And by the way, I was very happy with the Bach and the Ballerinas - I had a couple of bad memory slips in the dress rehearsal, but both performances were stellar - I only made mistakes in my head, not out loud :)
This is kind of a long story so I'm going chronological -
E3Q has practiced two times since school is out. In and of itself that is remarkable. Mark has written a sweet chord sequence in C phrygian, and so I've been playing around ("fooling around") with the Phrygian. I love it - I think it's my current favorite mode. I have also been toying around with another progression that I wrote, and thinking about how to use the modes to write a Prelude for the Lullaby Project (recording soon!). At the same time, my friend Maria and I have been picking repertoire to play for a concert this summer, and I thought of the Cassado Solo Suite, which I have neither played or thought of in 13 years. Today I decided to play all the C modes (Major, dorian, phrygian, lydian, mixolydian...) to warm up, before reading through the Cassado to see what was what. And, low and behold, how does the Cassado start? First declamation, D dorian. Repeat that in C mixolydian, then c lydian. And so forth. The whole thing is modal. And I heard them, and was able to recognize them by ear and also by pattern for the first time. I didn't really know that before: I probably knew that he piece was modal in some way, but I didn't really KNOW it. Mind completely blown.
What sort of freaks me out is that apparently my ear knew, and nudged my sub-conscience ("remember the Cassado?"), but it wasn't until I actually played the piece that I realized how exactly the Cassado fits all the other things I am currently working through.
The things us classical instrumentalists hear from our teachers, "always practice with thought","don't just fool around but have intent" are certainly words of wisdom. I know that growing up, "fooling around" on the cello, and "playing without thinking" were somewhat synonymous. Now I am really questioning that. In fact, when I "fool around" with the modes or any other set of of parameters, I am thinking very hard and certainly, have just as much intent, if not more, than when I read music or practice music written down by somebody. I think "fooling around with intent" should be highly encouraged in instrumental learning! I really would love to see some brain imaging done on improvisers brain compared to a brain reading music...The two processes are incredibly different.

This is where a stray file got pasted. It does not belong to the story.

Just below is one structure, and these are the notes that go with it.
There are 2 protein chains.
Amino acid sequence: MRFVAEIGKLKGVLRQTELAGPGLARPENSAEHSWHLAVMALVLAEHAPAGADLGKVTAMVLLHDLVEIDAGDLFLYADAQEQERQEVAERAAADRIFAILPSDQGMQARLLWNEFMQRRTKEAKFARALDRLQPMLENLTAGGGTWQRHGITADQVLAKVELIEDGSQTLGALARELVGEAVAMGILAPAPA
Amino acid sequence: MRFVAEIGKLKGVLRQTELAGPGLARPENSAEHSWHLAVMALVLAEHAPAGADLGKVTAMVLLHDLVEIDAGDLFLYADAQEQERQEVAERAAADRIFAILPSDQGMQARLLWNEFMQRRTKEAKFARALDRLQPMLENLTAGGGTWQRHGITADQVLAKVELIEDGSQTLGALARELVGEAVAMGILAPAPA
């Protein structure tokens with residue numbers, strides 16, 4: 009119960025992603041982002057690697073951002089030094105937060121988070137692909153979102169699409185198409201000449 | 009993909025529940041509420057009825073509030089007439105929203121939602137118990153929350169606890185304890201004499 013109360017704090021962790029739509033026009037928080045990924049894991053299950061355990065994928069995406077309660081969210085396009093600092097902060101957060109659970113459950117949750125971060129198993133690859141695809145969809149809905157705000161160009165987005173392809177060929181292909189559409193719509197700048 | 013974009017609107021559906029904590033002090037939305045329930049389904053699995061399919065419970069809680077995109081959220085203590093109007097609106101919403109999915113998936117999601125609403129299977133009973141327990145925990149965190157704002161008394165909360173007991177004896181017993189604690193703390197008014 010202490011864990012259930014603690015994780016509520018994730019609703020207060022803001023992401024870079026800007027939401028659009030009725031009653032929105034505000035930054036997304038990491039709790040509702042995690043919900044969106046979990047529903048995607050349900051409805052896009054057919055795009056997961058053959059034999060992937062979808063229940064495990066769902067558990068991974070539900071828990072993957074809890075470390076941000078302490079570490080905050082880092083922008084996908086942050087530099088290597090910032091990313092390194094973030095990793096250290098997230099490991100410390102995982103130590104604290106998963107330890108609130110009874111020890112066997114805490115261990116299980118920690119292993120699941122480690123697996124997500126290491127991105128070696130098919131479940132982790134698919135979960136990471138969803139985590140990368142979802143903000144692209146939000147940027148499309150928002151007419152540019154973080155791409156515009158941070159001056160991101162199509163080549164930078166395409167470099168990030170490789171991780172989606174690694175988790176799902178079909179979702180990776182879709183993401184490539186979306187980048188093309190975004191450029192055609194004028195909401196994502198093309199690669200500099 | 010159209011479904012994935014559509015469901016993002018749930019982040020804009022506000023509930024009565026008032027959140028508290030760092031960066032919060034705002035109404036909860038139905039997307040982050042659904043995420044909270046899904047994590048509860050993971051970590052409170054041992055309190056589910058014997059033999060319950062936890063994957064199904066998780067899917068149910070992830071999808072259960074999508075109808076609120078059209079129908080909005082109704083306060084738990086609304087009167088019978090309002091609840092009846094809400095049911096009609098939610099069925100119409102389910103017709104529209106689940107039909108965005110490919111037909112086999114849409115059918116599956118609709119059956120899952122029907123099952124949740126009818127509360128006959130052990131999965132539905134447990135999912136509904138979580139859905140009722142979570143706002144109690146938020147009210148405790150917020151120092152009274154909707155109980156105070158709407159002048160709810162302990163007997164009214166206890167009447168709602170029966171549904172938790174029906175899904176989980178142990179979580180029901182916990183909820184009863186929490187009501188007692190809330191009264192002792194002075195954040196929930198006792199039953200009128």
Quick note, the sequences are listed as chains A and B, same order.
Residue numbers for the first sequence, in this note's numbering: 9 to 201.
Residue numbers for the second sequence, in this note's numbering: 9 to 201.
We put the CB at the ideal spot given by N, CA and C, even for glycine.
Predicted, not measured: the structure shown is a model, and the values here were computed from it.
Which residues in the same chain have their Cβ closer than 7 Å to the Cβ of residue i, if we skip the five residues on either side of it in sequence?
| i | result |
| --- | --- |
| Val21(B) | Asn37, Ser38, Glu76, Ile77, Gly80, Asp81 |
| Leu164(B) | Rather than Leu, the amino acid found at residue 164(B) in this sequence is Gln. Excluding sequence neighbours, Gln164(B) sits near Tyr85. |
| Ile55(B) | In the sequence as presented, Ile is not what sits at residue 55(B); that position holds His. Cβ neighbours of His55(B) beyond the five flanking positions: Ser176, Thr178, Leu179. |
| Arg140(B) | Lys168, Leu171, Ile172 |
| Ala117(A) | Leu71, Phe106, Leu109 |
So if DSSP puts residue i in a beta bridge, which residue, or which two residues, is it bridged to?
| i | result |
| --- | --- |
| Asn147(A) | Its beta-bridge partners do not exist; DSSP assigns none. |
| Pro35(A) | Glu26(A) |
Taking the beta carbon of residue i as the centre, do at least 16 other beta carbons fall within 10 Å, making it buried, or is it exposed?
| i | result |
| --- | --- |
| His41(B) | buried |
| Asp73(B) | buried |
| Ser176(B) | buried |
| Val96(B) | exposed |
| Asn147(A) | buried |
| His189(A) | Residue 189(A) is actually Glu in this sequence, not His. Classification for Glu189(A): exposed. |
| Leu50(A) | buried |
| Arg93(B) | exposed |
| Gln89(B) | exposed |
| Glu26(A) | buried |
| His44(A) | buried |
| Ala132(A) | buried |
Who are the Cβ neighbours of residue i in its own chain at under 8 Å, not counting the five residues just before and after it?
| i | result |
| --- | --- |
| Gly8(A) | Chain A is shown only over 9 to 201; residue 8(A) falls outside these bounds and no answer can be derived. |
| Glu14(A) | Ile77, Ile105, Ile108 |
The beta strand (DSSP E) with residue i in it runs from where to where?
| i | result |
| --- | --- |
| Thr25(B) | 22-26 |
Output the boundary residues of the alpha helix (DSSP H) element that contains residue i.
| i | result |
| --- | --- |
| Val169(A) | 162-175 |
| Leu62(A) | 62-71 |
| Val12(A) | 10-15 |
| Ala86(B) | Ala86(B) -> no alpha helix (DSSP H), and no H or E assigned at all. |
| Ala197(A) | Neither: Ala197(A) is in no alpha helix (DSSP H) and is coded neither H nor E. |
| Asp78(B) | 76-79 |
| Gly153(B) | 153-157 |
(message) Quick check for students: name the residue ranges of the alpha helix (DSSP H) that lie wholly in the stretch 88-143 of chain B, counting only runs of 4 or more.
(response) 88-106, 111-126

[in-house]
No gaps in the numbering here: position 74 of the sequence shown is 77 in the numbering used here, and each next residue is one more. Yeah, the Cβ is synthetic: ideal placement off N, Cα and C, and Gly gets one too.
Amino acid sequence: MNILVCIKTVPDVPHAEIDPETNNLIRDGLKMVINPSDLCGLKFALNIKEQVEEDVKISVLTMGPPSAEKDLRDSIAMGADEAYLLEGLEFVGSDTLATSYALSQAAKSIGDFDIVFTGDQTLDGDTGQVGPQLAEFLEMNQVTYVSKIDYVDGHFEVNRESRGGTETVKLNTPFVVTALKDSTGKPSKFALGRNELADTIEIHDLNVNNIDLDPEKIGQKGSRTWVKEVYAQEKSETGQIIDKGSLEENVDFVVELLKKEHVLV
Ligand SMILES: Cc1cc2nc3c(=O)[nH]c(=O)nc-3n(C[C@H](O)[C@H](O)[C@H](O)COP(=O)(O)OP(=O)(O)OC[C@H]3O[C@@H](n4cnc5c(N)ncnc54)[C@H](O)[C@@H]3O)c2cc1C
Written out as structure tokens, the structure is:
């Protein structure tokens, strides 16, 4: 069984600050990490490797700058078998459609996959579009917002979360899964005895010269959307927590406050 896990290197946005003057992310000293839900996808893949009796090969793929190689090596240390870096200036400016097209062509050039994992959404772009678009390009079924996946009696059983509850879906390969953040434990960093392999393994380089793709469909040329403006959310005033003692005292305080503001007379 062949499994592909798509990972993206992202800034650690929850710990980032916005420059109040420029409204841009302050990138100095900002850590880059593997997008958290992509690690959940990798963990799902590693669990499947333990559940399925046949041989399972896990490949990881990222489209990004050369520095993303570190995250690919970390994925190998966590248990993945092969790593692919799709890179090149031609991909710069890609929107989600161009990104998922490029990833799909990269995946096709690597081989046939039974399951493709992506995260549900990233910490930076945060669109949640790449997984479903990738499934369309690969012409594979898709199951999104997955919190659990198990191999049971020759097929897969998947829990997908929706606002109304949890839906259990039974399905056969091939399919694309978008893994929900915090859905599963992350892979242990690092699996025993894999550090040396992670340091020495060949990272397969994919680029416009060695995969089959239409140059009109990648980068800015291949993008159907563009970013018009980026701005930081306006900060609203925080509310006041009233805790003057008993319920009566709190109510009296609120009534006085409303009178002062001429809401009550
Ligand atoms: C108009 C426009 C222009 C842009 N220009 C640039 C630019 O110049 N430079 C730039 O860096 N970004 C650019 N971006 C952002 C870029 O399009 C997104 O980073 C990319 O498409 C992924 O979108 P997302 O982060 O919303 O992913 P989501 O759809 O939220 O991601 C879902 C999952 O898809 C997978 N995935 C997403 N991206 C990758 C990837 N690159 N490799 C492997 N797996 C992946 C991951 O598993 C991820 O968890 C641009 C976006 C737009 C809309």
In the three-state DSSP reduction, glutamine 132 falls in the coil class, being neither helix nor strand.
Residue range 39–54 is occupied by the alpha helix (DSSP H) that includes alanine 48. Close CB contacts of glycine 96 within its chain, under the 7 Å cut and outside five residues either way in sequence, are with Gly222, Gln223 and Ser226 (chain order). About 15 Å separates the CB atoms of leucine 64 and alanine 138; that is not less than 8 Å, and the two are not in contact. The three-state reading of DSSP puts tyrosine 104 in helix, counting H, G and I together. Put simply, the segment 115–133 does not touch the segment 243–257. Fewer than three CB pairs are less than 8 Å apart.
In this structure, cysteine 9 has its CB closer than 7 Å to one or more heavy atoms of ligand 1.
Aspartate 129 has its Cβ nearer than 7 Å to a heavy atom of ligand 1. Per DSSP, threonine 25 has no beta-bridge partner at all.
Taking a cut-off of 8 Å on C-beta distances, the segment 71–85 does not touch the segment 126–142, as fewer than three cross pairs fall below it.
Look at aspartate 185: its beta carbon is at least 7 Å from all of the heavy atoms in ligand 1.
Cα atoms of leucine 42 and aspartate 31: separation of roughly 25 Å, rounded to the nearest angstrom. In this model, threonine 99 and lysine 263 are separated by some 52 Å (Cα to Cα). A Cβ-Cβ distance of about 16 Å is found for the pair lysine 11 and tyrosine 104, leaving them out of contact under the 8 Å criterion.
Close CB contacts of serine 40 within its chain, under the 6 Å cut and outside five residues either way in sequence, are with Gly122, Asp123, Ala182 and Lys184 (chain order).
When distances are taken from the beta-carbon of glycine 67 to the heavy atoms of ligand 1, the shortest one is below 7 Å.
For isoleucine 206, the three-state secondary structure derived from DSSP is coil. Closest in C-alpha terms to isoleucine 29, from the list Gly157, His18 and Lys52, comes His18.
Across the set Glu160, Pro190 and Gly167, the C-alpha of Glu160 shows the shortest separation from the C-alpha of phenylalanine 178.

Also, I wonder how long it would take to play through the circle of fifths doing all the modes on all 12 notes...108 scales if you do all three minors.
This Saturday, I will be performing the Bach Bourrees from the 3rs Suite with 16 lovely ballerinas. This is at once an exhilarating opportunity, and something that scares me out of my wits. Solo Bach is notoriously difficult to perform correctly when memorized. I always tell my students when they get lost, that it's sort of an initiation and so many much more famous cellists than them have been tripped up by Bach - indeed, I don't think I have ever heard a complete Suite without any mistakes played live (with one notable difference: I heard Erling Blondal Bengtsson play all six Suites in one concert at University of Michigan, completely perfectly from memory). Most recently when I have had to (or have chosen to) play Bach memorized, it hasn't felt totally absolutely horrible because I am better at improvising than I used to be, and if I know the form and the chords, I can make up stuff until I get back on track. Not so much, when 16 people on stage are depending on me to deliver exactly the right count of beats! There's no room for doubling back to a wrong spot when taking the repeat, or playing in circles like often happens with memorized Bach.
My main concern is that I get so involved in watching the lovely dancers, or get so visually distracted, that I forget where I am in the form. So, I have enlisted the help of my kids. This week they are in charge of distracting me where I practice - today's session included ballet (obviously), and a round of "Q&A", where I had to answer their questions while playing through the piece. This should probably qualify for setting up an IRA for them, as my assistants?
I remember my teachers telling me that some people practice while reading the newspaper. I've always thought that it's a little silly, it's just playing not practice, but perhaps that kind of practicing has a point in some instances..."playing" and "practicing" being two very distinctly different things in the classical world.
So, come Saturday, wish me luck :)
Katri Ervamaa, cellist